Last week’s Singapore International Cyber Week (SICW) concluded with a promising commitment towards the fight against cybercrime in the city-state and across the wider ASEAN region.
The most hopeful of those initiatives was the agreement among ASEAN member states to strengthen cyber coordination and capacity-building efforts – a very much welcomed announcement taking into account the disparities that currently exist within the bloc in the cybersecurity arena.
S Iswaran, Singapore’s Minister for Communications and Information and Minister-in-charge of Cyber Security, said that ASEAN will work towards an international framework of guidelines on cybersecurity and boost the bloc’s cyber defences.
“Singapore and all the ASEAN member states subscribed to the fact that we need a rules-based cyber-security environment in order to foster confidence and build relationships that can engender mutual trust and effectively deal with challenges”, the minister said.
The declaration took place during the third ASEAN Ministerial Conference on Cybersecurity (AMCC), which was convened as part of the Cyber Security Agency of Singapore (CSA) organised SICW 2018.
The AMCC is a non-formal platform for leaders from ASEAN member states to discuss what can be done to bolster cybersecurity in the region.
ASEAN ministers noted that Singapore will propose a mechanism to enhance ASEAN cyber coordination which will be presented to the bloc’s leaders for consideration.
The AMCC reaffirmed the importance of a rules-based cyberspace as an enabler of economic progress and betterment of living standards, and agreed in-principle that international law, voluntary and non-binding norms of state behaviour, and practical confidence building measures are essential for stability and predictability in the cyberspace.
In this context, the AMCC agreed to subscribe in-principle to the 11 voluntary, non-binding norms recommended in the 2015 Report of the United Nations Group of Governmental Experts on Developments in the Field of Information and Telecommunications in the Context of International Security (UNGGE), as well as to focus on regional capacity-building in implementing these norms.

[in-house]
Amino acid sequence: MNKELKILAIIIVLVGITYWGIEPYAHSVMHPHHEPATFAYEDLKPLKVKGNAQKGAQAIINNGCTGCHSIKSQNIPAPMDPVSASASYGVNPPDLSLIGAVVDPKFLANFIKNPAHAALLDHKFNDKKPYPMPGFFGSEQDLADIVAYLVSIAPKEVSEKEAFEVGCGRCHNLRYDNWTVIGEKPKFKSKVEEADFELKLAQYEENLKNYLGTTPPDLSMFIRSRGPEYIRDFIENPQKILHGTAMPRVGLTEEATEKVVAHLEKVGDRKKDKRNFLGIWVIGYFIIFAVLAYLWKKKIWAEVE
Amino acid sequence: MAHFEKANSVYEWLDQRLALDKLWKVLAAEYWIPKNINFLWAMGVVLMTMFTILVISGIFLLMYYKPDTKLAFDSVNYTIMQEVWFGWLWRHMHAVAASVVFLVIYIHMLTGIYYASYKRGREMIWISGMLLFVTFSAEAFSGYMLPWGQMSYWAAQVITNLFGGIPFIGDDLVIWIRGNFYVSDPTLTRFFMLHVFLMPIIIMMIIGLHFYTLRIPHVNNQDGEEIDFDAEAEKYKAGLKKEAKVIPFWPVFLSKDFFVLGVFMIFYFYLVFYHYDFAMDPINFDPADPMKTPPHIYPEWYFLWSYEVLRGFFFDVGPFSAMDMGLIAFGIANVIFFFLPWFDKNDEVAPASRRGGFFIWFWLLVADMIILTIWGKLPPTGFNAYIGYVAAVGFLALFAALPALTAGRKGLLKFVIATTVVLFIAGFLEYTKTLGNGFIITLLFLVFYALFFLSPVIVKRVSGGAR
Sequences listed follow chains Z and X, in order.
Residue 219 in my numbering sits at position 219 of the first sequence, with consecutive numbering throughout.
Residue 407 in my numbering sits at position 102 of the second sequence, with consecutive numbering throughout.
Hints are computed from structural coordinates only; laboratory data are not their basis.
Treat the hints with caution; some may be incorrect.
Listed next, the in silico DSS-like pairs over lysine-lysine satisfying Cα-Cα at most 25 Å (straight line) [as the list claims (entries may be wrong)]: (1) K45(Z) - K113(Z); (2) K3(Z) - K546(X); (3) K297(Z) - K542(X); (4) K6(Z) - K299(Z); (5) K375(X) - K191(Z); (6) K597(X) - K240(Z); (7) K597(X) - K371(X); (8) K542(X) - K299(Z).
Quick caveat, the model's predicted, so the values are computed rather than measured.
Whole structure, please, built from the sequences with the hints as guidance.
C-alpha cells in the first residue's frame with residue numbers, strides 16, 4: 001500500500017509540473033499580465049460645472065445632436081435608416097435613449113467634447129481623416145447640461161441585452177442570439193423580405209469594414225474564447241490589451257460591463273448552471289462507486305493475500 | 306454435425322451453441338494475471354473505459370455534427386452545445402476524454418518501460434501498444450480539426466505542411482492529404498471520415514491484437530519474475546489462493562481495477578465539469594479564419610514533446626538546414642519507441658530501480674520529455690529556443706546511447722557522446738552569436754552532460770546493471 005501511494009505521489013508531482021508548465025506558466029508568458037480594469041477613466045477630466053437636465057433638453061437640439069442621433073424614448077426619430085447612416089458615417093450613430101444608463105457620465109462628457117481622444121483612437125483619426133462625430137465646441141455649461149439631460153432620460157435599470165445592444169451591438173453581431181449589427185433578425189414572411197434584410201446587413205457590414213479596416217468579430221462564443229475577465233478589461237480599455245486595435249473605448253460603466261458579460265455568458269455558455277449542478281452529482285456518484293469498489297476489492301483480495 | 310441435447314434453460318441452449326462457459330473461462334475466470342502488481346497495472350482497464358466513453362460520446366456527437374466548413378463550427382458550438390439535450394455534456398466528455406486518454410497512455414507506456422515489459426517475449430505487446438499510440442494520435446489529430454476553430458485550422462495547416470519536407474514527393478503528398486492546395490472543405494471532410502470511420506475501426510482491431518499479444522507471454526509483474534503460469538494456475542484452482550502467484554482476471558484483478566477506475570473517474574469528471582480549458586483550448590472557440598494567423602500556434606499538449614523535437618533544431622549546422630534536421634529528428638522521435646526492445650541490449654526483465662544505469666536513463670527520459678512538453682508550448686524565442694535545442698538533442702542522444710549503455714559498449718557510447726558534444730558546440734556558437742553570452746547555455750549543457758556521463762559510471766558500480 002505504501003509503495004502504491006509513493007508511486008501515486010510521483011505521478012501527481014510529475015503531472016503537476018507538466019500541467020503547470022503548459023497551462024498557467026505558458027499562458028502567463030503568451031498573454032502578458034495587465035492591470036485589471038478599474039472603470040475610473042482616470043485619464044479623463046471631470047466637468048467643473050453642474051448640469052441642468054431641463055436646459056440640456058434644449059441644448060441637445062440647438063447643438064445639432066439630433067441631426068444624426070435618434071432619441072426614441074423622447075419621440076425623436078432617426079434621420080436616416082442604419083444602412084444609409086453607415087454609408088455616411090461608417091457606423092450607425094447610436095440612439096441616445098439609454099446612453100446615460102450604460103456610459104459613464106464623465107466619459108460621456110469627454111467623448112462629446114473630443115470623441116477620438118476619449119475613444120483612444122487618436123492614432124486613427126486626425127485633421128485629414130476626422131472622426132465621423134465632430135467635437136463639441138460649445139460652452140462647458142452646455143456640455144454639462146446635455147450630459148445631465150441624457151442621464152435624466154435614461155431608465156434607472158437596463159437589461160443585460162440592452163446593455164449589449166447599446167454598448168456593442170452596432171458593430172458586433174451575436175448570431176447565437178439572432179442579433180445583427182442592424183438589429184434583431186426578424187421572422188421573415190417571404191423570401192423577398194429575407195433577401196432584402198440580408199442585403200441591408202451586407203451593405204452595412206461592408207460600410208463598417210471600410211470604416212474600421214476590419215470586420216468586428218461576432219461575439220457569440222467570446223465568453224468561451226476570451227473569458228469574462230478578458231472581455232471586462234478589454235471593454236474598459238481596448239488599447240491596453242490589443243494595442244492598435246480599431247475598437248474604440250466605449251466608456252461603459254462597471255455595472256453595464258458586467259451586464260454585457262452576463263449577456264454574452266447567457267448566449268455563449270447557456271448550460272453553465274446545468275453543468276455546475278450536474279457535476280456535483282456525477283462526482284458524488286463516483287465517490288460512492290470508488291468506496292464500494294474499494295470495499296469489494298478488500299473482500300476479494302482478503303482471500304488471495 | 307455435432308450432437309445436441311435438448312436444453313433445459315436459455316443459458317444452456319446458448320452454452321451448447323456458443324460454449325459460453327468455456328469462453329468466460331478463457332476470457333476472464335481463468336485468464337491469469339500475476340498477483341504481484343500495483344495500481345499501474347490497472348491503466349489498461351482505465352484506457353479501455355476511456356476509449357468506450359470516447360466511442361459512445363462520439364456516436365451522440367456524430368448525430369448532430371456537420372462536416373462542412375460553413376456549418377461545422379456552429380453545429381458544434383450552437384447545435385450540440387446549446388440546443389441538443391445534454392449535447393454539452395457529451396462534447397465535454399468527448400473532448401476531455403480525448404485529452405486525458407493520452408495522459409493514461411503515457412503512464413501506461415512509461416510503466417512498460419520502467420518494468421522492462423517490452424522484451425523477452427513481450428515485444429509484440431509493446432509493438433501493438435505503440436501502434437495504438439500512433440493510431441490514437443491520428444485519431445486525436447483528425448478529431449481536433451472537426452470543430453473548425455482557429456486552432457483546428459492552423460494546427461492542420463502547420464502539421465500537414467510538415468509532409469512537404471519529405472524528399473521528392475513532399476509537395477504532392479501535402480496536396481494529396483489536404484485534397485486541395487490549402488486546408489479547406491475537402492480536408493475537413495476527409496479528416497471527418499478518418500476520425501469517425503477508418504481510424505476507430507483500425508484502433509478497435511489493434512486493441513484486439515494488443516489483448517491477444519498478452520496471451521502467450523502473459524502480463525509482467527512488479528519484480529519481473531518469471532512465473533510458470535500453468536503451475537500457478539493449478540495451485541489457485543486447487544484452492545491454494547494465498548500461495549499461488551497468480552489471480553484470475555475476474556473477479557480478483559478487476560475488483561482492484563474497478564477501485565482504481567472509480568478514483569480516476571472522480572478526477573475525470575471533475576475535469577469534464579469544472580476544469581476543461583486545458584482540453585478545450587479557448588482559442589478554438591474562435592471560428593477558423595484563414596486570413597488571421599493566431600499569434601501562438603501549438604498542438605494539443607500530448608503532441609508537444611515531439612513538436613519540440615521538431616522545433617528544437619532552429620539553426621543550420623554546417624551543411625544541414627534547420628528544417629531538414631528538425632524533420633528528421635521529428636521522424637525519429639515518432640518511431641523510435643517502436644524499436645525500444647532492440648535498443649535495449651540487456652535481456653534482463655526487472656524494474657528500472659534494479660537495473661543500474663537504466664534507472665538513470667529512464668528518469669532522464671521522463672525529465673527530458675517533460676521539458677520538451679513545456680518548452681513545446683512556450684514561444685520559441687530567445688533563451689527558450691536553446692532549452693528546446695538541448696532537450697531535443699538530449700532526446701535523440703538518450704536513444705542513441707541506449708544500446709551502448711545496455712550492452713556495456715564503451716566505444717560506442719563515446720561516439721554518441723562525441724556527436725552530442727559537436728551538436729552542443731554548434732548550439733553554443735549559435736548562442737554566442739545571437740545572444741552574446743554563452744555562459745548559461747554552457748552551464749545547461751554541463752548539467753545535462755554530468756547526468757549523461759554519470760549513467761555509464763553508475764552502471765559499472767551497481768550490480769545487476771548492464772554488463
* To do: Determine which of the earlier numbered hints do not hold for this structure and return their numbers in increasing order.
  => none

New regional cybersecurity training centre
Another highlight from SICW 2018 was Singapore’s commitment to spend SGD30 million (c.USD22 million) over five years on fully funding the ASEAN-Singapore Cybersecurity Centre of Excellence (ASCCE), a multi-disciplinary facility under the auspices of the ASEAN Cyber Capacity Programme.
The ASCCE will help develop the cybersecurity capabilities of ASEAN member states, and it will fulfil three principal functions, including cyber think-tank and training centre, Computer Emergency Response Team (CERT) centre and cyber range training centre.
Iswaran emphasised the interest of international partners in collaborating with ASEAN to achieve ASCCE’s goals.
“To date, Australia, Canada, the European Union, the Republic of Korea, New Zealand, the United Kingdom (Britain) and the United States have indicated keen interest to work with us to develop and deliver programs under the ASCCE”, he said.
Other key announcements during this year’s SICW included the launch of a Government Bug Bounty programme, where international and local white-hat hackers will test selected, internet-facing Government systems and identify vulnerabilities, and the renewal of the partnership between Singapore and France with the signing of an extended Cybersecurity Cooperation Programme.
These steps demonstrate ASEAN’s commitment to tackle the impending threat posed by cybercrime and which recently affected the region in the form of serious data breaches.
A recent study by AT Kearney on the state of cybersecurity in ASEAN pointed out the severe risk which cyber threats could pose to the potential USD1 trillion that digital economy can add to ASEAN’s GDP over the next 10 years.
Some of the challenges identified in the report include low levels of cyber resilience and cyber readiness in most countries around the region, lack of a strategic mindset, policy preparedness and institutional oversight relating to cybersecurity.
In addition to this, because cyber threats are perceived to be an information technology (IT) issue rather than a business problem, regional businesses don’t have a comprehensive approach to cybersecurity. This underestimation leads to a significant under-investment in cybersecurity.
The same study recommended the implementation of a defence playbook addressing a four-point agenda, namely elevating cybersecurity on the regional policy agenda; securing a sustained commitment to cybersecurity; fortifying the ecosystem; and building the next wave of cybersecurity capability.